Tuesday, January 11, 2011

How Asian-American parents raise successful children

On average, Asian-Americans outperform other races in both educational achievement and income. For example, according to the U.S. Census Bureau, Asian-American adults are much more likely to have bachelor's degrees than whites or blacks. In 2003, 49.8% of Asian-Americans over age 25 had bachelor's degrees, compared to 27.6% of whites and 17.3% of blacks. Also according to the U.S. Census Bureau, in 2008 Asian-Americans had per-capita incomes of $30,292, whites had per-capita incomes of $28,502, and blacks had per-capita incomes of $18,406.

The habits parents instill in their children influence educational achievement, and thus future income. So the question is: How do Asian-American parents tend to raise their children differently? Although stereotypical and controversial, an article by an Asian-American mother explains how some Asian parents raise their children differently than Western parents:
A lot of people wonder how Chinese parents raise such stereotypically successful kids. They wonder what these parents do to produce so many math whizzes and music prodigies, what it's like inside the family, and whether they could do it too. Well, I can tell them, because I've done it. ...

My Western friends who consider themselves strict make their children practice their instruments 30 minutes every day. An hour at most. For a Chinese mother, the first hour is the easy part. It's hours two and three that get tough. ...

What Chinese parents understand is that nothing is fun until you're good at it. To get good at anything you have to work, and children on their own never want to work, which is why it is crucial to override their preferences. This often requires fortitude on the part of the parents because the child will resist; things are always hardest at the beginning, which is where Western parents tend to give up. But if done properly, the Chinese strategy produces a virtuous circle. Tenacious practice, practice, practice is crucial for excellence; rote repetition is underrated in America. Once a child starts to excel at something—whether it's math, piano, pitching or ballet—he or she gets praise, admiration and satisfaction. This builds confidence and makes the once not-fun activity fun. This in turn makes it easier for the parent to get the child to work even more. ...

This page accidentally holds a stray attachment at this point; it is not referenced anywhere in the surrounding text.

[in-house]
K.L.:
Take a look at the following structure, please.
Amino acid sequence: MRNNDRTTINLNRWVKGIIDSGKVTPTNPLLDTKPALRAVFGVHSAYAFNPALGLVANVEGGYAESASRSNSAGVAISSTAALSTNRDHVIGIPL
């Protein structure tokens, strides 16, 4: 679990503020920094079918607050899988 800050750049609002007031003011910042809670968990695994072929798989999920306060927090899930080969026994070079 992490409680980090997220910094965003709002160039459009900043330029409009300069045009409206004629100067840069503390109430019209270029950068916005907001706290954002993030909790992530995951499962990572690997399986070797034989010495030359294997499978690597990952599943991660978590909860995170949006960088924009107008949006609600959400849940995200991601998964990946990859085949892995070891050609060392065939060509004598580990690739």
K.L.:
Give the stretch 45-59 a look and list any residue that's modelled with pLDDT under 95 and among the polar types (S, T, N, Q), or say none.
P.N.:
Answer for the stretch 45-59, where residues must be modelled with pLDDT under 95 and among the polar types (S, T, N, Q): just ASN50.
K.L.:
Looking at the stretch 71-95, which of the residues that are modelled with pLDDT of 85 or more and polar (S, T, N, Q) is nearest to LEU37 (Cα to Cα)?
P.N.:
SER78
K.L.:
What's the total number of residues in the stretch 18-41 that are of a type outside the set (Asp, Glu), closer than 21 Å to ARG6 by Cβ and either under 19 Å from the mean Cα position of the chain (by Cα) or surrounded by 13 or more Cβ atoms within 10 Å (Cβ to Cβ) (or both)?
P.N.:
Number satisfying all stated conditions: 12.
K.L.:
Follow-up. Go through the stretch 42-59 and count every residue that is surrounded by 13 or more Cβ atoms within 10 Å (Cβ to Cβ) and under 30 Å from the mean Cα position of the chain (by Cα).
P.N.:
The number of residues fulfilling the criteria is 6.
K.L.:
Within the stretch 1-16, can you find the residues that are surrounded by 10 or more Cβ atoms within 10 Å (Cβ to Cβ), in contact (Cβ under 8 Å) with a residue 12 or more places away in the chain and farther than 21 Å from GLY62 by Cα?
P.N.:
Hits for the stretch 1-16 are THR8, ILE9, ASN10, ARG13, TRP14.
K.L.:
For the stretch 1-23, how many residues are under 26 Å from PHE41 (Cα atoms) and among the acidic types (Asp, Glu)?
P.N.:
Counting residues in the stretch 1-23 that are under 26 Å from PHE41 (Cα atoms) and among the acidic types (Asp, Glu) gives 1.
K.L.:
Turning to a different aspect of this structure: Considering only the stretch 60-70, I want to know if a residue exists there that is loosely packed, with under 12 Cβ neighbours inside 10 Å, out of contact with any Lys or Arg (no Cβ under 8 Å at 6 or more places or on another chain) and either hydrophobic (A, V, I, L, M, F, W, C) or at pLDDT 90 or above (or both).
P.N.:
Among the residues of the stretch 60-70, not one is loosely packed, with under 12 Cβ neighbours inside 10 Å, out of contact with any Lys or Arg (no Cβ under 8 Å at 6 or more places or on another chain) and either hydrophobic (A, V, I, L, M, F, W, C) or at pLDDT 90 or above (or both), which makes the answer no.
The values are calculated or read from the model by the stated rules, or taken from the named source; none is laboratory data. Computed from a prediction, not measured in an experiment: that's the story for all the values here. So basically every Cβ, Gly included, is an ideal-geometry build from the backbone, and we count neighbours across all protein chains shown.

Chinese parents can order their kids to get straight As. Western parents can only ask their kids to try their best. ... Chinese parents demand perfect grades because they believe that their child can get them. If their child doesn't get them, the Chinese parent assumes it's because the child didn't work hard enough. ...

As a parent, one of the worst things you can do for your child's self-esteem is to let them give up. On the flip side, there's nothing better for building confidence than learning you can do something you thought you couldn't.
People tend to enjoy things they're good at, and people get good at what they practice a lot. If you want your children to excel, make them study and practice consistently for extended periods of time.

The three hours per day of musical instrument practice that the author mentions fits with research that says it takes a total of 10,000 hours of practice to become a world-class expert at any given skill. Three hours per day would be roughly 1,100 hours per year, or 10,000 hours in nine years. By comparison, at only 30 minutes of practice per day it would take 55 years to become a world-class expert.

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